Water Heater’s Underperforming? Troubleshooting Tips to Get It Back on Track

showerhead Long IslandCan you barely make it through your shower before the hot water is gone? Is washing dishes a challenge with dwindling hot water? Is “hot” water a bit of a misnomer at your house? If so, it’s probably time to take a look at your water heater.

While some water heater issues are best left to an HVAC professional, there are some things you can do yourself if your water heater’s underperforming.

  • Insulate the heater. Is your water heater located in an unheated basement area or utility room? If so, the unit is having to work hard during the cold winter months to deliver that hot water on demand. Save energy dollars and increase the amount of hot water available by insulating your water tank. Most home improvement stores sell specially-designed, insulated blankets that fit snugly over water tanks.
  • Don’t forget the pipes. In addition to the tank, your heated water may be losing its warmth traveling through cold pipes. If the pipes leading from the water heater are in a cold part of the house, consider buying special insulation wraps to help keep the water in them warm.
  • Is it the element? Your hot water challenges may be caused by a problem with the heating elements (on electric heaters), pilot light or thermostat. Have someone check these three essentials to make sure they’re functioning properly.

If you’ve checked these three common trouble spots and your water is still lukewarm at best, it’s probably time to call an HVAC professional to identify the source of the problem.

If  your water heater’s underperforming or you need help with  other mechanical systems in your Long Island home, give T.F. O’Brien Cooling & Heating a call. We’ve been helping homeowners throughout Long Island with their heating and cooling needs since 1934.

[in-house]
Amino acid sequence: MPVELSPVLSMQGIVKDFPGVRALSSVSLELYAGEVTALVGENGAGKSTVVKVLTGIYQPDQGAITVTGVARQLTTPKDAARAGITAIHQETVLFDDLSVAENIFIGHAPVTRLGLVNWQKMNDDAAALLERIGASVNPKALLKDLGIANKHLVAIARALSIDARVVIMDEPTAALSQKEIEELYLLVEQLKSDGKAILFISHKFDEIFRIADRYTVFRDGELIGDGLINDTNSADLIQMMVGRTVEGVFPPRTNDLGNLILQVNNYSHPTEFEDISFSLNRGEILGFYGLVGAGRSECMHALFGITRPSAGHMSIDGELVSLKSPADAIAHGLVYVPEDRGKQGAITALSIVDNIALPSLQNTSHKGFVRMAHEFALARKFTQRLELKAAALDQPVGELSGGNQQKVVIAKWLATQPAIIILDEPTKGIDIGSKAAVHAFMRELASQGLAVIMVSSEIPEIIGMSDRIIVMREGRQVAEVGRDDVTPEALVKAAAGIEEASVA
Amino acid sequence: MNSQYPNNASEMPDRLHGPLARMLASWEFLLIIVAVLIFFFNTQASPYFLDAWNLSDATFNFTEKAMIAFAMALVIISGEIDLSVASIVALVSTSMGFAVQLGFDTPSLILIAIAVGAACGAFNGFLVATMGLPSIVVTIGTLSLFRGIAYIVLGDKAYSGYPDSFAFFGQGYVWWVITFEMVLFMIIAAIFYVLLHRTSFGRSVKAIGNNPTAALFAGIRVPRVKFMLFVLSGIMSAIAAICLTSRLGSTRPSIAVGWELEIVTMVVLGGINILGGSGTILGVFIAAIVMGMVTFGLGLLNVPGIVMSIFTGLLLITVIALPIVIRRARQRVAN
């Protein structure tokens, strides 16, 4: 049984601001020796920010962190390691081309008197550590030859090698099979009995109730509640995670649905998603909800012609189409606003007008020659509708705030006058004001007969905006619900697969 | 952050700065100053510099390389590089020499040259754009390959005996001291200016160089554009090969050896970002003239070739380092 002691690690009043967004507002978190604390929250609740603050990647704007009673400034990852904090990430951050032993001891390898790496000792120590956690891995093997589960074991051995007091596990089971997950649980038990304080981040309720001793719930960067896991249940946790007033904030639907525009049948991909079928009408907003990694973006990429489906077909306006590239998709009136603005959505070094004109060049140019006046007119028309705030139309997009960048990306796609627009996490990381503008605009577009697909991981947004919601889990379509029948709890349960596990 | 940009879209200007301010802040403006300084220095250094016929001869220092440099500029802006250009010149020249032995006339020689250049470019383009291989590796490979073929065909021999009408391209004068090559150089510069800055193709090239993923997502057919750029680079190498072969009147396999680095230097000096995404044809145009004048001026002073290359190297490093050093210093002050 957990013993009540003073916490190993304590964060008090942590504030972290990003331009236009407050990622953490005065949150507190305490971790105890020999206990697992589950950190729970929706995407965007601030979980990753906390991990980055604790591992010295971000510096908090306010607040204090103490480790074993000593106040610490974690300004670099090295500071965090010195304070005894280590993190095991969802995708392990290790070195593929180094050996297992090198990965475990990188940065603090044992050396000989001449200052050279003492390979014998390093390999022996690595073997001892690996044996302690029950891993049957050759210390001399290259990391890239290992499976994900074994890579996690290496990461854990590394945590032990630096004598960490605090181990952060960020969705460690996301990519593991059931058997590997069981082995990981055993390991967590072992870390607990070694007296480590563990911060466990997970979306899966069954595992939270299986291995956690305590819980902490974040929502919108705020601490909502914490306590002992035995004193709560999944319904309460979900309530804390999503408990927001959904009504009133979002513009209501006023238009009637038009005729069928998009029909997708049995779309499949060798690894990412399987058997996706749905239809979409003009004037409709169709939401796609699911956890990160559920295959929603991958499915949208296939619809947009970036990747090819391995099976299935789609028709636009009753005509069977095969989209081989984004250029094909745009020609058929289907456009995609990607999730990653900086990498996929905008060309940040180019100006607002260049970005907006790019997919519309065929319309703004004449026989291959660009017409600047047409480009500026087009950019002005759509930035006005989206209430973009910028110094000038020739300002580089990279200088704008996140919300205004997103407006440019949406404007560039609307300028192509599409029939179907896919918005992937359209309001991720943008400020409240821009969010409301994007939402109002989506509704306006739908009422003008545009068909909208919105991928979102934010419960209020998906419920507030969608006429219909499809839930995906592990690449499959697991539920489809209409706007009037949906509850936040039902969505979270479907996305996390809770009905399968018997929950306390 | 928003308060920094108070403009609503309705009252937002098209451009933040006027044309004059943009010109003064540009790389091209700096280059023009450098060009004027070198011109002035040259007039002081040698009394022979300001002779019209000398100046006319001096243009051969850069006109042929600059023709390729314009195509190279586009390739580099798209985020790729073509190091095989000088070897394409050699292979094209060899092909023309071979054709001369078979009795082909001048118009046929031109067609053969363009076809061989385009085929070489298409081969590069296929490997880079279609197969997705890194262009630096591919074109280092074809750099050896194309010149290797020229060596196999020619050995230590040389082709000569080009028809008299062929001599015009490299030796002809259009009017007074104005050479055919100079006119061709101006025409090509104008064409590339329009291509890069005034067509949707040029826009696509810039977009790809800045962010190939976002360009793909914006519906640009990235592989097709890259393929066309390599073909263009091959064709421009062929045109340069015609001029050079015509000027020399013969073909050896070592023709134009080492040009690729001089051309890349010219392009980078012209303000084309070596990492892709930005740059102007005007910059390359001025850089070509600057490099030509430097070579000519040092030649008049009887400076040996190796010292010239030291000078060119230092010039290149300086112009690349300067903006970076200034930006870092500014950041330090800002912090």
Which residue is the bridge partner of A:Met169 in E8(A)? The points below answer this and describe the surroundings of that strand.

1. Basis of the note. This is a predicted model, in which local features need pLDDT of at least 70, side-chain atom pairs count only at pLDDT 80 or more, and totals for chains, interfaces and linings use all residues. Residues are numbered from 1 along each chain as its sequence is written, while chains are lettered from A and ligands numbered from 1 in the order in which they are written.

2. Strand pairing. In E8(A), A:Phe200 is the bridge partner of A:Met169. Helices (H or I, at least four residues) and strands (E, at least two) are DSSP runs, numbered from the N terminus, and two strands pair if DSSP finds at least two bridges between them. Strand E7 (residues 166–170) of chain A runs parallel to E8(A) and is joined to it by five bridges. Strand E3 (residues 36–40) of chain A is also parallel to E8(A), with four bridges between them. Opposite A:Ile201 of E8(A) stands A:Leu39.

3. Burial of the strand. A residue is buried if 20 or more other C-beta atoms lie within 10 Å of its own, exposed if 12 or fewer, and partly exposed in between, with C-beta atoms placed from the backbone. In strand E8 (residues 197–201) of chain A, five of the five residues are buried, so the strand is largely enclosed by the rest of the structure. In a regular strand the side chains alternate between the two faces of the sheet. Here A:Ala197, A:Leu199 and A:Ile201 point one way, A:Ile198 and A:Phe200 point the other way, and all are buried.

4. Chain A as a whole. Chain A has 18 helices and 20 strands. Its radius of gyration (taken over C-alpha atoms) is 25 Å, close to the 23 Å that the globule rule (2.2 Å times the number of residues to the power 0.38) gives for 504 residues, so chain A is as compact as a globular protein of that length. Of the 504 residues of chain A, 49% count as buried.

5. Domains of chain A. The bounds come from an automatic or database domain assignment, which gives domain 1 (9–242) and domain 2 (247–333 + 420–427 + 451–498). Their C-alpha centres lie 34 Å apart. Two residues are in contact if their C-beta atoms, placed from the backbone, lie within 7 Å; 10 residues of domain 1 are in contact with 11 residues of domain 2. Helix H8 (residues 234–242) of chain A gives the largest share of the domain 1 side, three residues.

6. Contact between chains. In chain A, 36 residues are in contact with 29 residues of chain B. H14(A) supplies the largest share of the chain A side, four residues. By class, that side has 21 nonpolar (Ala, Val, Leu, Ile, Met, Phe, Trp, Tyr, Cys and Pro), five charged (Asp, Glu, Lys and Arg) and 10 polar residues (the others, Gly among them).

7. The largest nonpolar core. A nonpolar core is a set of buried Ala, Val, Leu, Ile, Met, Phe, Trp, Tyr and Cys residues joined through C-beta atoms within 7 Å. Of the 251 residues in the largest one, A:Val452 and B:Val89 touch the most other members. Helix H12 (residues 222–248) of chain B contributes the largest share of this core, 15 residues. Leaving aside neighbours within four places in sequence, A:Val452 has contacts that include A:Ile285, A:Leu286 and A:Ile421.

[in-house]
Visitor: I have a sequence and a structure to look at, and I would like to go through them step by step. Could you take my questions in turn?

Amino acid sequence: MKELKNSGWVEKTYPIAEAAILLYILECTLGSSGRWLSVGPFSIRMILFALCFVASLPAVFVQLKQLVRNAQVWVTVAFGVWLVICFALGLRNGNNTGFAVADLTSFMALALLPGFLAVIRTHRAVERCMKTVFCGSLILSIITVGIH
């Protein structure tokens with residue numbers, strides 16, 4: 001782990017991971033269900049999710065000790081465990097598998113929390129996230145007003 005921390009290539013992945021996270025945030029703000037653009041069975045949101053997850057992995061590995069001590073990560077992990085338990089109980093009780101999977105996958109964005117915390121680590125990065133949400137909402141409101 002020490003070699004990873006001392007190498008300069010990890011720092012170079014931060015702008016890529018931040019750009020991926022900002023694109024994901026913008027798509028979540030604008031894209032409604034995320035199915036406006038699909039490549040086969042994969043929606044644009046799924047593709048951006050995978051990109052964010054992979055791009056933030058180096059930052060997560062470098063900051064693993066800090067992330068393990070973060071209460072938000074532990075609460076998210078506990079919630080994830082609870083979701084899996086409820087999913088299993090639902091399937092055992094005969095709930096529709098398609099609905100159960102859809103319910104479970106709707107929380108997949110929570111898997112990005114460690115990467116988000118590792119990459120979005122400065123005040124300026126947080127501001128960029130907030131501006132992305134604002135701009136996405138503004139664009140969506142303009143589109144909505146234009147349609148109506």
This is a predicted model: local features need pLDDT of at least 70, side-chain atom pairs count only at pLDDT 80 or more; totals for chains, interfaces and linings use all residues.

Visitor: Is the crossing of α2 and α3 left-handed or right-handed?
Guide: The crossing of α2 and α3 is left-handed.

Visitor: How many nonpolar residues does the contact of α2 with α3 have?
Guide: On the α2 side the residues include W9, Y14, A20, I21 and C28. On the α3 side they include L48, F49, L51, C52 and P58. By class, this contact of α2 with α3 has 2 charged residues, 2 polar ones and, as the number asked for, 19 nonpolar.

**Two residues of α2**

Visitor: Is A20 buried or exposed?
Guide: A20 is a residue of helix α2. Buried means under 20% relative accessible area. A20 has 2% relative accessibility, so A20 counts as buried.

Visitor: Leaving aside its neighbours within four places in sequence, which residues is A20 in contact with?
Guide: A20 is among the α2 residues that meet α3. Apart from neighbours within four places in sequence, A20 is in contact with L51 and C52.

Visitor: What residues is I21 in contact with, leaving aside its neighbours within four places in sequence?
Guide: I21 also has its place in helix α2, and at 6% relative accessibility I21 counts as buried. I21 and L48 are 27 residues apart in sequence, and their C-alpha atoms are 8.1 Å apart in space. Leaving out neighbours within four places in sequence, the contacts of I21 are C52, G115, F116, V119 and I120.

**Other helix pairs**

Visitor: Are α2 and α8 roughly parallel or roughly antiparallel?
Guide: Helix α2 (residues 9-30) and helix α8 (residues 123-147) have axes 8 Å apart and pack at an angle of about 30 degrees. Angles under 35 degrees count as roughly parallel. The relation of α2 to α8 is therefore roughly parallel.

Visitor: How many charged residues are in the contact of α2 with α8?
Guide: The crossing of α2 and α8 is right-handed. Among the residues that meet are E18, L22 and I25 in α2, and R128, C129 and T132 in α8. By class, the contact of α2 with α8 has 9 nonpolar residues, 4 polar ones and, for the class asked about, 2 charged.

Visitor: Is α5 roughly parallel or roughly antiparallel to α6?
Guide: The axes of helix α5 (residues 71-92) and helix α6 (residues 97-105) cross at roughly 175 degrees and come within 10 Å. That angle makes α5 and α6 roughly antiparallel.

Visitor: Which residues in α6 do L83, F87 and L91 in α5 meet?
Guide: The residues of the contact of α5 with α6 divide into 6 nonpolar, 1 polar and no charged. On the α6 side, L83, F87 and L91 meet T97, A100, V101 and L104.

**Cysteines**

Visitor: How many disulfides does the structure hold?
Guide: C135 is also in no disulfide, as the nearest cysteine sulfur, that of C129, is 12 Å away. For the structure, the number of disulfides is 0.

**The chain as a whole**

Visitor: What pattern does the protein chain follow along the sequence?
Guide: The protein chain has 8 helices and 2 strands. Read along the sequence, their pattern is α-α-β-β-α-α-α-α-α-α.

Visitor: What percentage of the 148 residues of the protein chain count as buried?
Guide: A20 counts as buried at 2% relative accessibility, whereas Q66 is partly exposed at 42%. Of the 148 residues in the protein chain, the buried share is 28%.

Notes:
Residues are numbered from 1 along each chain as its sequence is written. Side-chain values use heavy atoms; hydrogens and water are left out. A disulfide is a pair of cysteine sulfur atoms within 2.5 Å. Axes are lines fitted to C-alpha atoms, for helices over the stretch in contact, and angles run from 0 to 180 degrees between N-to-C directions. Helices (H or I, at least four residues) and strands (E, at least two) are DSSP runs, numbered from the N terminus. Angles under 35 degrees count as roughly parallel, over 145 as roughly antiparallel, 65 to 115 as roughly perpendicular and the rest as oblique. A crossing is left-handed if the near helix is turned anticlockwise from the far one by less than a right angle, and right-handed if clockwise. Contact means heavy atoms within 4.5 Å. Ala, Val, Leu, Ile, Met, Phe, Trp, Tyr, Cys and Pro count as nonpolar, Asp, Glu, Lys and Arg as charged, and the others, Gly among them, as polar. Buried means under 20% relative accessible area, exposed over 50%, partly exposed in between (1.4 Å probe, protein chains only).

Our goal is to help educate our customers about energy and home comfort issues (specific to HVAC systems). For more information about other HVAC topics,  download our free Home Comfort Resource guide.

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Placement Essential for CO Detectors

Homeowners who use fuel-burning appliances or gas heat should know that carbon monoxide detectors are essential for saving lives. The key to keeping your home and your family safe is knowing where to place the them, so that members of your family are alerted immediately, should there be a danger.

CO (carbon monoxide) may be generated in a variety of ways; open flames, water heaters, space heaters and chimneys that are blocked may be sources of this odorless, invisible gas that puts your family at risk.

Where should you place the carbon monoxide detectors in your home for the greatest protection?

  • If your home has more than one level, make certain a detector is placed on each floor.
  • According to the Consumer Product Safety Commission, one detector should be placed in every bedroom in the home so that a sleeping individual will be easily alerted.
  • If you only have one detector, it is recommended that you place it near the sleeping area.
  • When placed on a wall, carbon monoxide detectors should be located about 5 feet above floor level on the wall, as CO may rise higher in the air when contained in warmer air emitted by home heating sources and other combustion appliances.
  • The ceiling is another good place for the device, because the gas does tend to rise.   Never place the detector close to a light source.
  • One place you want to avoid placing a detector is close to a fireplace or another fuel-burning appliance.   Some of these appliances emit a tiny amount of carbon monoxide when starting, such as a gas stove.   Placing a detector closer than 15 feet to these appliances may result in unnecessary alerts.

While placing carbon monoxide detectors in a hallway is something many homeowners do, it’s best to place the devices in the areas mentioned above.

T.F. O’Brien services the Long Island, New York area.

Our goal is to help educate our customers about energy and home comfort issues (specific to HVAC systems).  For more information about preventive maintenance and other HVAC topics, please download our free  Home Comfort Resource guide.